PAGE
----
Kathmandu - Pasupatinath

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Pasupatinath.

Part of the morning is spent sending emails and messages to try and get some monk’s robes for a Tibetan lama living in the UK. There are some new gardens near the Utse called Dreams. Nicely laid out with ponds, lawns, pavilions and a cafe, the gardens are a pleasant green space away from the bustle of the streets. You have to pay to enter, the relative seclusion is great for courting couples; lepers and beggars wait outside.

The riverside ghats at Pasupatinath are used for cremations and there is an air of melancholy here as families come to cremate and say goodbye to their loved ones and cast the ashes into the river. Today it’s raining but, in between the dark clouds, the skies are bright and the light gives an ethereal quality to the temples and riverside. Smokes rises from the ghats and mixes with the low cloud and rain.

You can no longer just wander in off the street, Pasupatinath is now a world heritage site with souvenir shops and a Rs1000 entrance fee. Orange robed sadhus with individual eccentricities of dress seem to be here to pose for the visitors - though maybe I’m being ungenerous - this is a Shiva temple and the sadhus are Shiva devotees who’ve probably been gathering here for centuries.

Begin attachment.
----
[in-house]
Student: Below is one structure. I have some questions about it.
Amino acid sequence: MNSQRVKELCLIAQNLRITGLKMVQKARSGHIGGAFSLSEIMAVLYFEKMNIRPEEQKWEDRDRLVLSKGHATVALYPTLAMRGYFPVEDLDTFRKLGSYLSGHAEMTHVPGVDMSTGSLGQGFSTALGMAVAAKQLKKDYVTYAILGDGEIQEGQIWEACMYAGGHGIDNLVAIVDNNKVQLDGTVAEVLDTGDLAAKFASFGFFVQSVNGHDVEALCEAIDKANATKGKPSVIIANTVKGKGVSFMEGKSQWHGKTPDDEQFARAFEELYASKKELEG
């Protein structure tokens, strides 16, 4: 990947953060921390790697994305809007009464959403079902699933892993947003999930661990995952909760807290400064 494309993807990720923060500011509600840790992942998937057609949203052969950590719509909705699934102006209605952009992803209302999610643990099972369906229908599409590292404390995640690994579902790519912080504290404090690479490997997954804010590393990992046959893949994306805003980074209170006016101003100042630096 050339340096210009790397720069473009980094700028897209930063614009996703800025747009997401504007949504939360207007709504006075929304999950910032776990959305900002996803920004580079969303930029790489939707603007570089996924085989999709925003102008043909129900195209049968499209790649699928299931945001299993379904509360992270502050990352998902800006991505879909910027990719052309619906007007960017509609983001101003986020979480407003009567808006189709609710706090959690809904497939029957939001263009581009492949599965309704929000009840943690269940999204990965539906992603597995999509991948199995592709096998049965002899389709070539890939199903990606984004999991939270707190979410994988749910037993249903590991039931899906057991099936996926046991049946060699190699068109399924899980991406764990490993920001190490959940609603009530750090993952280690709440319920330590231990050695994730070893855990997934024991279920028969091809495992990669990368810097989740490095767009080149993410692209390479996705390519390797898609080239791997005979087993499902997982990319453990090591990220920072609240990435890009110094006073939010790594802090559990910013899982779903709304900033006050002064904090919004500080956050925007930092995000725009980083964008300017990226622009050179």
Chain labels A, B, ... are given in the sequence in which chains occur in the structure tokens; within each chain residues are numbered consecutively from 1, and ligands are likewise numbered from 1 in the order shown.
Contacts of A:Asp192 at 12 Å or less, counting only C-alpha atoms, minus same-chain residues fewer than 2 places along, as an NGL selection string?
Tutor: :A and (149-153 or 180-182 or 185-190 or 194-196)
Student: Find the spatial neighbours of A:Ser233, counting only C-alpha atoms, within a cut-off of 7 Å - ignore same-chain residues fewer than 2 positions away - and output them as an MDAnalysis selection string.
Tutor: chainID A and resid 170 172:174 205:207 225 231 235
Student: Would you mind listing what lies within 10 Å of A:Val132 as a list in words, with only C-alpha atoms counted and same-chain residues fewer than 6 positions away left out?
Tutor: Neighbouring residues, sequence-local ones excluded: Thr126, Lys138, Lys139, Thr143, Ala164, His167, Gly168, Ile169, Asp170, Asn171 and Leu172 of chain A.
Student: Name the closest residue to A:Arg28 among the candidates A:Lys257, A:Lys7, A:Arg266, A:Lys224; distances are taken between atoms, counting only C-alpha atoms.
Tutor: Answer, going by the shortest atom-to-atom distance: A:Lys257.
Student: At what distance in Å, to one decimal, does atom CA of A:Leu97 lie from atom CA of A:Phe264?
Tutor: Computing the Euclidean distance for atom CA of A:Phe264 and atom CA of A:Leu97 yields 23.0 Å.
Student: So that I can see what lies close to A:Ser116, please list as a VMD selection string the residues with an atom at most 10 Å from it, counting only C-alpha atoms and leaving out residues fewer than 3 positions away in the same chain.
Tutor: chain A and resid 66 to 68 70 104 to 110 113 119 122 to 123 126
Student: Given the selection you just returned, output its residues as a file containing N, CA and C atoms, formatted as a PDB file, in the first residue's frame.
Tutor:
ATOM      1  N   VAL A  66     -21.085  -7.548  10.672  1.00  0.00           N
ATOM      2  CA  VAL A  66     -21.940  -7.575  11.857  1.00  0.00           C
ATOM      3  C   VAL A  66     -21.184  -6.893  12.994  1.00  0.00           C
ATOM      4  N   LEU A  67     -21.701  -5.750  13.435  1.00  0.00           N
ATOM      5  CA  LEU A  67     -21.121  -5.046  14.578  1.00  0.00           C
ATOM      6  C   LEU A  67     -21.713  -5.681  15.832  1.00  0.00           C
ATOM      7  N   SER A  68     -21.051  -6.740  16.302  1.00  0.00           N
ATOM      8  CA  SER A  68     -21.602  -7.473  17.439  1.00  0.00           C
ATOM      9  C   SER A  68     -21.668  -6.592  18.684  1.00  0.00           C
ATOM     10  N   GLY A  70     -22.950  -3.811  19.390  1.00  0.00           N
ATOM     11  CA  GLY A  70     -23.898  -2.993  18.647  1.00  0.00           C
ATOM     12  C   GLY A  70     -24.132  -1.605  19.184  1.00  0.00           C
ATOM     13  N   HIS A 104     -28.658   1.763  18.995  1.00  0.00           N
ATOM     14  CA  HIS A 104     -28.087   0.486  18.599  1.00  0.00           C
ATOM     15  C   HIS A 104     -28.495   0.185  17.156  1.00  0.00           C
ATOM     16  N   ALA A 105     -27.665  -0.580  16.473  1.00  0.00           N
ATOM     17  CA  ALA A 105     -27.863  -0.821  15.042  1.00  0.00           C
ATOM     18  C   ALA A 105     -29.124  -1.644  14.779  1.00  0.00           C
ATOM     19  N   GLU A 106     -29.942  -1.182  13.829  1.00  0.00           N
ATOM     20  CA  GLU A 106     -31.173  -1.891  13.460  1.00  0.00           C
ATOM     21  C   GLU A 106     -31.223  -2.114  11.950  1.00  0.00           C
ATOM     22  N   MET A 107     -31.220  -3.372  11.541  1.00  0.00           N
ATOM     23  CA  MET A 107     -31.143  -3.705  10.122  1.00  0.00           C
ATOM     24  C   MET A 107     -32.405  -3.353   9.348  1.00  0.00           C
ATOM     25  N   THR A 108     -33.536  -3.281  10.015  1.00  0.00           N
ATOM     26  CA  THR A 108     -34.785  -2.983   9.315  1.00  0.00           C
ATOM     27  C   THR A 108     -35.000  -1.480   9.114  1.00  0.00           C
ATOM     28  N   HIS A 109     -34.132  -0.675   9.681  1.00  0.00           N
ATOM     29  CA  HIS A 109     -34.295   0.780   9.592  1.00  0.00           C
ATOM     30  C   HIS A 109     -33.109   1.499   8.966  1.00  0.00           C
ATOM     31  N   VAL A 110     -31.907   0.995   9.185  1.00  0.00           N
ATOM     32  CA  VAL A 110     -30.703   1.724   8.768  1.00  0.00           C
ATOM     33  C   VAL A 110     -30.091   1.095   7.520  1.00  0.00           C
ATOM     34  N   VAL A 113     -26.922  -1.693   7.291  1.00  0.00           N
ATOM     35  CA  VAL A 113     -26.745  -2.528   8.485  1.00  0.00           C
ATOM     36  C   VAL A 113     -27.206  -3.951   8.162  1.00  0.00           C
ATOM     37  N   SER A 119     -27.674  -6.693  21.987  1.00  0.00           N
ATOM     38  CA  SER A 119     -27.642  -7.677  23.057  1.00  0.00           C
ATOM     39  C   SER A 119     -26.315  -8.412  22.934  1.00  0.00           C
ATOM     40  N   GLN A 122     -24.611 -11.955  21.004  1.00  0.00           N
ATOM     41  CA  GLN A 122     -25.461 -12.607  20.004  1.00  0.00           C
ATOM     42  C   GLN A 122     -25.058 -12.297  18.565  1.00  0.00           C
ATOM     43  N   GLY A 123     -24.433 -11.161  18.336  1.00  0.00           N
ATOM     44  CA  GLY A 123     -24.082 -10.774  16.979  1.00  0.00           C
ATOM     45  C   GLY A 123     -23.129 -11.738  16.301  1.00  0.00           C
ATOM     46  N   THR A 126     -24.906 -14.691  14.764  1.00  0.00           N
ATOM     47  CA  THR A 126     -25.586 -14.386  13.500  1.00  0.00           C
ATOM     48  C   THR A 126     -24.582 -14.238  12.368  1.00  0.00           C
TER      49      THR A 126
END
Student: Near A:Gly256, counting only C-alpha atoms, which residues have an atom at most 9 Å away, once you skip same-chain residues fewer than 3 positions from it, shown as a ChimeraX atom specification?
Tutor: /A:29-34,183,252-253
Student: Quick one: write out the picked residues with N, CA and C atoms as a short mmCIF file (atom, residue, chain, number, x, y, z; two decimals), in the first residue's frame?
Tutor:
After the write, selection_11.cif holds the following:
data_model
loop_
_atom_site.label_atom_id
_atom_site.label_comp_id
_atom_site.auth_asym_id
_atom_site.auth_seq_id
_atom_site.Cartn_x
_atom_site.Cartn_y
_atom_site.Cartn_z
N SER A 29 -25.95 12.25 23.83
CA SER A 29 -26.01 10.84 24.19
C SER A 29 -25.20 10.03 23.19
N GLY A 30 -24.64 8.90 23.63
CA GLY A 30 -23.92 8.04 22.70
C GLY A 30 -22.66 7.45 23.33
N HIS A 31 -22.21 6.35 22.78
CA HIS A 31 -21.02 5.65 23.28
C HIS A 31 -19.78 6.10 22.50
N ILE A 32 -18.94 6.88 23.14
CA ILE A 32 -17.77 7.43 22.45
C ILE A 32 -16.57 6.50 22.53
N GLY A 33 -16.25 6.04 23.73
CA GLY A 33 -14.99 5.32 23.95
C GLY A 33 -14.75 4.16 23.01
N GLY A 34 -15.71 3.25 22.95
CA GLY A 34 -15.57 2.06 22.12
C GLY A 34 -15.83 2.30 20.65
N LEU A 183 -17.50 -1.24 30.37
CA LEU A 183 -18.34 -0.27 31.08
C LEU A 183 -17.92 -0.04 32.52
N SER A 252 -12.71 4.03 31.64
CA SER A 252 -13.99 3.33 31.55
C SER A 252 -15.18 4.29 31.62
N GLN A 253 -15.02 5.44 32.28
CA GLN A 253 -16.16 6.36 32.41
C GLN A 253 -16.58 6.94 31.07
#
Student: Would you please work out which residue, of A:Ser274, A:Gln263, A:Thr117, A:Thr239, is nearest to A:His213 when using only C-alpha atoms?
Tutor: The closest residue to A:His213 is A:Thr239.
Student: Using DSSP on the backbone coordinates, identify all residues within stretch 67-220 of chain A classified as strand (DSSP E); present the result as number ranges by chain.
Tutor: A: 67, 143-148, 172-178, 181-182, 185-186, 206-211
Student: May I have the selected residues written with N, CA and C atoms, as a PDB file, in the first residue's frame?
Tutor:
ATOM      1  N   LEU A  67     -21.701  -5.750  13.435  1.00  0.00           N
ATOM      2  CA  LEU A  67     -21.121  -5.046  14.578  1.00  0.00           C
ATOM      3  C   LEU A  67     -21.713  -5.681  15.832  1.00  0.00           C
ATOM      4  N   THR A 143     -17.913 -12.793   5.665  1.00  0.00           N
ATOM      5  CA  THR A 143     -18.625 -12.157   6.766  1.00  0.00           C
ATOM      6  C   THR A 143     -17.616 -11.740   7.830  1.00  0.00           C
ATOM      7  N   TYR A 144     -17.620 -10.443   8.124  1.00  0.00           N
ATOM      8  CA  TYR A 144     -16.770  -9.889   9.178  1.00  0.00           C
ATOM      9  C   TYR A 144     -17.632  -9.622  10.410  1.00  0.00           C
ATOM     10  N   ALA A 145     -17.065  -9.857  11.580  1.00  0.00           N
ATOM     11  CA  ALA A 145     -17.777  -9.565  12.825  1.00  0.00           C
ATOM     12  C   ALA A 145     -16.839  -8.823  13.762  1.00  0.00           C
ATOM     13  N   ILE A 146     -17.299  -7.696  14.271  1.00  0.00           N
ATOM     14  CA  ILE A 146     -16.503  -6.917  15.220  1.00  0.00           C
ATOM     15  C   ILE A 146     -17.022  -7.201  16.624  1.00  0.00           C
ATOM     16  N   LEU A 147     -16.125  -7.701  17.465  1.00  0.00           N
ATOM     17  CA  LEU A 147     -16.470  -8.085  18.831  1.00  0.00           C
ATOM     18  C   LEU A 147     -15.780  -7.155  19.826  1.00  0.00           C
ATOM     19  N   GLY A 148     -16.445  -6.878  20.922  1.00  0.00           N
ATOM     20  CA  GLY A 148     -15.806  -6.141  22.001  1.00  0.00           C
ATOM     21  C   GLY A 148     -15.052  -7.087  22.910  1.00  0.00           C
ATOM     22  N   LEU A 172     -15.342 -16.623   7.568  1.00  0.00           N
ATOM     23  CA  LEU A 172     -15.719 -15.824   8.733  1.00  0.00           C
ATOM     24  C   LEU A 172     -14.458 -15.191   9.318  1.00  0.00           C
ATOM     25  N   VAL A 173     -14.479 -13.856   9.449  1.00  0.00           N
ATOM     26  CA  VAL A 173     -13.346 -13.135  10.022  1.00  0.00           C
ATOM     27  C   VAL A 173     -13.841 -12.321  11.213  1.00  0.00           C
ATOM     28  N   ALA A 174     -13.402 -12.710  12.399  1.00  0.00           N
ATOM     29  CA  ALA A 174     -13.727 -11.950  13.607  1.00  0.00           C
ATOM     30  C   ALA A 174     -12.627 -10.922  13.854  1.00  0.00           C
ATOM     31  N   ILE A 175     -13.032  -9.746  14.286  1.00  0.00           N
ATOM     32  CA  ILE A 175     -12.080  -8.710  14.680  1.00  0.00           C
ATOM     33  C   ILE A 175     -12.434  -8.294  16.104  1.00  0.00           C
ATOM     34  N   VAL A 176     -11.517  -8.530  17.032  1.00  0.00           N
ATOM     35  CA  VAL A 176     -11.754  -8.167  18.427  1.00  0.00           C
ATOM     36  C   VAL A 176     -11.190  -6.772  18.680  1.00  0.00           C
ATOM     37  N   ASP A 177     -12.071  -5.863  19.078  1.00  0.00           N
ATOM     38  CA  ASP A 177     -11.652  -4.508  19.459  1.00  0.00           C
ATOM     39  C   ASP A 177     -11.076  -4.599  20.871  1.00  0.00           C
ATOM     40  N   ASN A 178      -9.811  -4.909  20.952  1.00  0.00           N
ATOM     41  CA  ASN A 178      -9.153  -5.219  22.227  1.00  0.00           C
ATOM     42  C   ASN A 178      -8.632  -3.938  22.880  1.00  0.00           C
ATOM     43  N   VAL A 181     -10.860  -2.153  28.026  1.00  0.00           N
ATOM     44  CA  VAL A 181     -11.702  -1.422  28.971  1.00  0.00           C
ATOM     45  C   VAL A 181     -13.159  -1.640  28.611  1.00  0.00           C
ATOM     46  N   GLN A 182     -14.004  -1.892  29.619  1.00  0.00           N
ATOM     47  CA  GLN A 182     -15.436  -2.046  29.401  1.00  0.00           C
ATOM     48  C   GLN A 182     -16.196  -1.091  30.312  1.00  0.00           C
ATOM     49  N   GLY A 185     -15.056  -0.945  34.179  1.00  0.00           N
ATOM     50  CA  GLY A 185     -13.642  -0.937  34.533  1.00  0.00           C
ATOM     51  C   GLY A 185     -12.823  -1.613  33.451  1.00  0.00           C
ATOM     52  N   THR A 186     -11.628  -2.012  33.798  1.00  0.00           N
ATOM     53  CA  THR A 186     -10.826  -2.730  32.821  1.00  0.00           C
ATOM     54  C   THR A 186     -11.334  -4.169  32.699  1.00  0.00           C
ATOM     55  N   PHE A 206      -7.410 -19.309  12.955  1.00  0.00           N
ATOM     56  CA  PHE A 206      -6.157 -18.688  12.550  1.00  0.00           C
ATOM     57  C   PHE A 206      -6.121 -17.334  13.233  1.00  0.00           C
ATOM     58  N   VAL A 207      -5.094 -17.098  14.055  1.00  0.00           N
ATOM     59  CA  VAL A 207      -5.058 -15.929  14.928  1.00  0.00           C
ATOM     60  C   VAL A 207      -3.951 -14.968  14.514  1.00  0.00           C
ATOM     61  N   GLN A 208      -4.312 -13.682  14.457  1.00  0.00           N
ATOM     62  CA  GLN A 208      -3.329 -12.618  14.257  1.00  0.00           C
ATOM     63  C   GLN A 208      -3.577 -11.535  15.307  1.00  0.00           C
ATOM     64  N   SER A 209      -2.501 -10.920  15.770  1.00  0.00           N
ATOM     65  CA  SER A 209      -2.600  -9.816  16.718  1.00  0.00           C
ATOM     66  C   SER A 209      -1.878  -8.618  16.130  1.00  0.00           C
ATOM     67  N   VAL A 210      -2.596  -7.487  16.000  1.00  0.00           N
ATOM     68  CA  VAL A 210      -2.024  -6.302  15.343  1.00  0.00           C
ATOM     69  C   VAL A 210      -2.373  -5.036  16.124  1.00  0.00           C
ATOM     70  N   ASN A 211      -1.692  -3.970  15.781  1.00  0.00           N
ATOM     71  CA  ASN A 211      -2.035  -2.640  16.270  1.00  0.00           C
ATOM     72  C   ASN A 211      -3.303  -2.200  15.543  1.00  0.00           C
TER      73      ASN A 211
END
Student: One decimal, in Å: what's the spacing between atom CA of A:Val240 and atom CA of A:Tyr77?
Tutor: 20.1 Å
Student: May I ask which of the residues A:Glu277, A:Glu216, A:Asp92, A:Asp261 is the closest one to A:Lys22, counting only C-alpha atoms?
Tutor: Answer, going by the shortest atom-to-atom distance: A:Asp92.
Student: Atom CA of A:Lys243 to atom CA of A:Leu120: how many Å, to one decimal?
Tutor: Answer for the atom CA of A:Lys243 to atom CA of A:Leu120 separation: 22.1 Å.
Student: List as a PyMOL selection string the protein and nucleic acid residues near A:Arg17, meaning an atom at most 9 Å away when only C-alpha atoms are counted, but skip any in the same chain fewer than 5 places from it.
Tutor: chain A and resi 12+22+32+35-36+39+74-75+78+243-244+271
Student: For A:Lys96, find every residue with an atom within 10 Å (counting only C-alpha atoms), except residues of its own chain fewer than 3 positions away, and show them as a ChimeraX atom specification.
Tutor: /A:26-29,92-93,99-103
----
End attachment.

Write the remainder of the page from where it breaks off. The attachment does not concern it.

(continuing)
The late monsoon rain gathers momentum during the afternoon and like everyone else we tread carefully through ankle deep water as we carry our umbrellas. 25 years ago we were here at the Teej festival when all the women of the valley put on a red sari and walked to Pasupatinth to immerse themselves in the river. Wherever you looked you saw lines of red sari’d women walking to Pasupatinath and the river banks were a delight of laughing and praying women.

It’s a very wet day, in the evening get drenched making our way to the Yia Tang restaurant where we have an excellent green Thai curry.


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